Plea to halt cattle exports to ‘horrendous’ Libyan slaughterhouses

Concerns also raised as just one additional vet inspector hired by department this year

Compassion in World Farming says slaughtermen in certain countries are afraid of the animals so they can not be slaughtered properly. Photograph: Simon Dawson/Bloomberg

Compassion in World Farming says slaughtermen in certain countries are afraid of the animals so they can not be slaughtered properly. Photograph: Simon Dawson/Bloomberg

 

The Government has been urged by a leading animal welfare group to stop live cattle shipments from Ireland to Turkey, the Middle East and North Africa which are worth approximately €35 million annually because slaughtering conditions in the region do not meet international standards on animal welfare.

Compassion in World Farming has expressed concern over the recent resumption of live cattle exports from Ireland to Libya amid growing concerns that the export trade to Turkey, the Middle East and North Africa is resulting in unnecessary cruelty to animals.

Its chief policy advisor, Peter Stevenson acknowledged Ireland had more robust legislation governing live cattle exports than the European Union but said six animals from a shipment of 922 died in February and that raised questions about the welfare of the other animals.

The call come as Fianna Fáil agriculture and food spokesperson Charlie McConalogue raised concern over the number of veterinary inspectors in the State. Mr McConalogue said that the Government had hired only one inspector, against the promised 300 additional inspectors needed by March next year to deal with the extra challenge of Brexit.

“The latest available information shows that Minister [MICHAEL]Creed has so far ignored the red-flags that have been raised within his department regarding the need to increase resources for border inspection posts for live animals and animal products imported from countries outside of the EU,” Mr McConalogue said in a statement.

Last week, live cattle exports resumed from the Port of Cork with 3,500 animals leaving on board the Lebanese-registered, Sarah on July 18th and a further 2,000 animals being exported on July 20th on board the Panamanian-registered Atlantic M, all bound for Libya.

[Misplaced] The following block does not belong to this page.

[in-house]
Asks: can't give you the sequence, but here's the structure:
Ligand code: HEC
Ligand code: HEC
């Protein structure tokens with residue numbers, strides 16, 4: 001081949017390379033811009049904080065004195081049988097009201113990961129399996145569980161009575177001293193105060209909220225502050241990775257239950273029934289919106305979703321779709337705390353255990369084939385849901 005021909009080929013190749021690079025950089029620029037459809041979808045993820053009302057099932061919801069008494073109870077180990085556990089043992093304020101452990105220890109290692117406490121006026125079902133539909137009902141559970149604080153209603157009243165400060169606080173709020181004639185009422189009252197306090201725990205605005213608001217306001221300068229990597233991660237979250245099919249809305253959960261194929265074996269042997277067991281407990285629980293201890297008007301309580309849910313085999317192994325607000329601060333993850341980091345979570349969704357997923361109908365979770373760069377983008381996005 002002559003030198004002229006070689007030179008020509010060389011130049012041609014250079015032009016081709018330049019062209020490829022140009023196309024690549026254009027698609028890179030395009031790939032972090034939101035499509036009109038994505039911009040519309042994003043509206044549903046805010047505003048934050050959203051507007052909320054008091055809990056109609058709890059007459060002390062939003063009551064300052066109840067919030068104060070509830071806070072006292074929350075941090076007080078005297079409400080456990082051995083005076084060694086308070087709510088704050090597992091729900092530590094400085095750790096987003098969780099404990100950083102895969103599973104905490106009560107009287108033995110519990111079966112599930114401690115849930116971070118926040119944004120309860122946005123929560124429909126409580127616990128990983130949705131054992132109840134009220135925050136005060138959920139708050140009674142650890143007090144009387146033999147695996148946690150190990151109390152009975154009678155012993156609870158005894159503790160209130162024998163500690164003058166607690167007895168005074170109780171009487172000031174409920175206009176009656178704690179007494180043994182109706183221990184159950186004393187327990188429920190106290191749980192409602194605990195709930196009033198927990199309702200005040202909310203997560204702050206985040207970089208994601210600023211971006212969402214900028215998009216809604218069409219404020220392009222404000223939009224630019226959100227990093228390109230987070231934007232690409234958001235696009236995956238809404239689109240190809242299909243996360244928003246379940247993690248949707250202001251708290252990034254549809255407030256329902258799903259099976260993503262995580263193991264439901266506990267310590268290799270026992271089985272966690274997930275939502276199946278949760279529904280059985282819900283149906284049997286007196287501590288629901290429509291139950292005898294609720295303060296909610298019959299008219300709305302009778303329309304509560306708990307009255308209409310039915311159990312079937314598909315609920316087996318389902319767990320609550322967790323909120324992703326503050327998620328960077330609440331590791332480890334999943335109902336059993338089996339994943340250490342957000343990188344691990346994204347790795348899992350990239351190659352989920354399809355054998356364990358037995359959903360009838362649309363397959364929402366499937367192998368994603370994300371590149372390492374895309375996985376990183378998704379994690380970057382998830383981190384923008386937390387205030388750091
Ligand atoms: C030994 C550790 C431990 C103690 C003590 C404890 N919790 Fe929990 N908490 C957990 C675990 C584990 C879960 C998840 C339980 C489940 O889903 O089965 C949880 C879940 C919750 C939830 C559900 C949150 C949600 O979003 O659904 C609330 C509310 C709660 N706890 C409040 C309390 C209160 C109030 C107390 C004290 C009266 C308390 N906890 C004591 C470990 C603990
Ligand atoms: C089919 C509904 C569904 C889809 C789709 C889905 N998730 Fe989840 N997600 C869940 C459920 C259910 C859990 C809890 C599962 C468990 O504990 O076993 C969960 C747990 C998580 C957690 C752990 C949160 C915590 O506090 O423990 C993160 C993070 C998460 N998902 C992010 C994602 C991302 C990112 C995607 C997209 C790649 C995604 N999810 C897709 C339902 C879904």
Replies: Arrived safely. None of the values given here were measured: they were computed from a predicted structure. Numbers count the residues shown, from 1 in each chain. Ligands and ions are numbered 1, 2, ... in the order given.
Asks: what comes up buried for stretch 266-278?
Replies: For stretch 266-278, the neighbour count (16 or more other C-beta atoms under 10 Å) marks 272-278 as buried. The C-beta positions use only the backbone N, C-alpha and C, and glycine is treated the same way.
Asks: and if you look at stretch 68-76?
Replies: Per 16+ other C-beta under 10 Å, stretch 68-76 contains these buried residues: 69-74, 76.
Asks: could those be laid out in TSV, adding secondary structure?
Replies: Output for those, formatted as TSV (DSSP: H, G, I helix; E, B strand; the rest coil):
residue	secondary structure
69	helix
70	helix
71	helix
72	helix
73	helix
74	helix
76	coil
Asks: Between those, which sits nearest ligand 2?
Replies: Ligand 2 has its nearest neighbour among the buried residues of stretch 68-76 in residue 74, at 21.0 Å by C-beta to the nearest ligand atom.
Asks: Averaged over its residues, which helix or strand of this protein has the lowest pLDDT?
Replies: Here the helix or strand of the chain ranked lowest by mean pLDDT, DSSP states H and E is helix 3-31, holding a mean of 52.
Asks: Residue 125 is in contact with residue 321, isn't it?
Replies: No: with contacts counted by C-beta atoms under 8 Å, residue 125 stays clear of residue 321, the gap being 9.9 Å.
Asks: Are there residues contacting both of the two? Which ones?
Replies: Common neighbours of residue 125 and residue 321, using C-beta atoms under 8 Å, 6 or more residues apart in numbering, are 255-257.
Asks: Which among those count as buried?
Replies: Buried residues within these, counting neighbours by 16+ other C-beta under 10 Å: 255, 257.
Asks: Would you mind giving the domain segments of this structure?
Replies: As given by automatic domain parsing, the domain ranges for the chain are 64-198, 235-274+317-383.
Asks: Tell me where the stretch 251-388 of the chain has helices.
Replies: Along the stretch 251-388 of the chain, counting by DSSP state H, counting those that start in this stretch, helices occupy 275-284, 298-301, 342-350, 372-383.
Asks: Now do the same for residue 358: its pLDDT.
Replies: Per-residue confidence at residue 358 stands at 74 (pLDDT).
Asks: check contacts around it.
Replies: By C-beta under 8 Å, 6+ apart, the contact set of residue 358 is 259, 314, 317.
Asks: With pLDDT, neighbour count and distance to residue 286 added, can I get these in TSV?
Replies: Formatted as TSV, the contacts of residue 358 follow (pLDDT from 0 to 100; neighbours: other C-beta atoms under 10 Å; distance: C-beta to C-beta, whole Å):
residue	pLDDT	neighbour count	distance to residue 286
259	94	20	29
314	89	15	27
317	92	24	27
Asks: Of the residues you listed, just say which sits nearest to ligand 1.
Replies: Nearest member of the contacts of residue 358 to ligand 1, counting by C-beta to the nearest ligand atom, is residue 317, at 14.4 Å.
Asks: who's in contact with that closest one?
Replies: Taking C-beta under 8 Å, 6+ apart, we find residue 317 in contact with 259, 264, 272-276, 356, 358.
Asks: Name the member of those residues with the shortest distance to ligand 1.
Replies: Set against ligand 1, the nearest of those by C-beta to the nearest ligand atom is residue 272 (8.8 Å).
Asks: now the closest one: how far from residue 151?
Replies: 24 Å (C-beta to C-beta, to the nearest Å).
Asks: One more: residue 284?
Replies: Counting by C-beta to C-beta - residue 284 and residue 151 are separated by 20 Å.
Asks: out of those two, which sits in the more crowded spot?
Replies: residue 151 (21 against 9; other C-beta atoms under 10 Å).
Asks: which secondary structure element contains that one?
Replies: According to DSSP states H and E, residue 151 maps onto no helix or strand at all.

Mr Stevenson said while he was not trying to give Irish sea journeys “a clean bill of health”, he believed the biggest problem was the fact that the animals were being exported to a country where it was simply impossible to guarantee that they were slaughtered in proper, humane conditions.

“Once animals get to Libya, the slaughter conditions are horrendous – in countries like that, animals are not stunned before slaughter, the throat is cut while the animal is fully conscious but that’s not the worst of the problem – most of the suffering will be in the time immediately before slaughter.”

Mr Stevenson said the problem does not stem from the fact that the animals in these Muslim countries are slaughtered according to ritual Halal principles but rather from poor training of the slaughtermen.

“We also have got film of them beating cattle repeatedly on the head with a pole so that the animal drops to the ground and because they are frightened of cattle, they don’t come in close to do at least one clean throat cut but will stand at arm’s length and stab the animal repeatedly.”

“It’s totally wrong for Ireland to be sending animals to a country, where they know international standards are going to be ignored,” Mr Stevenson said.

The Department of Agriculture in a statement said live cattle exports from Ireland to Libya resumed in 2013 and, that in 2017, over 32,000 cattle were exported from Ireland to non-EU countries in a trade valued at approximately €35 million.

The department said that all livestock carriers involved in the export of cattle from Ireland must be approved and are inspected regularly by Department veterinary officials and independent marine surveyors and only approved ships are allowed load cattle for export.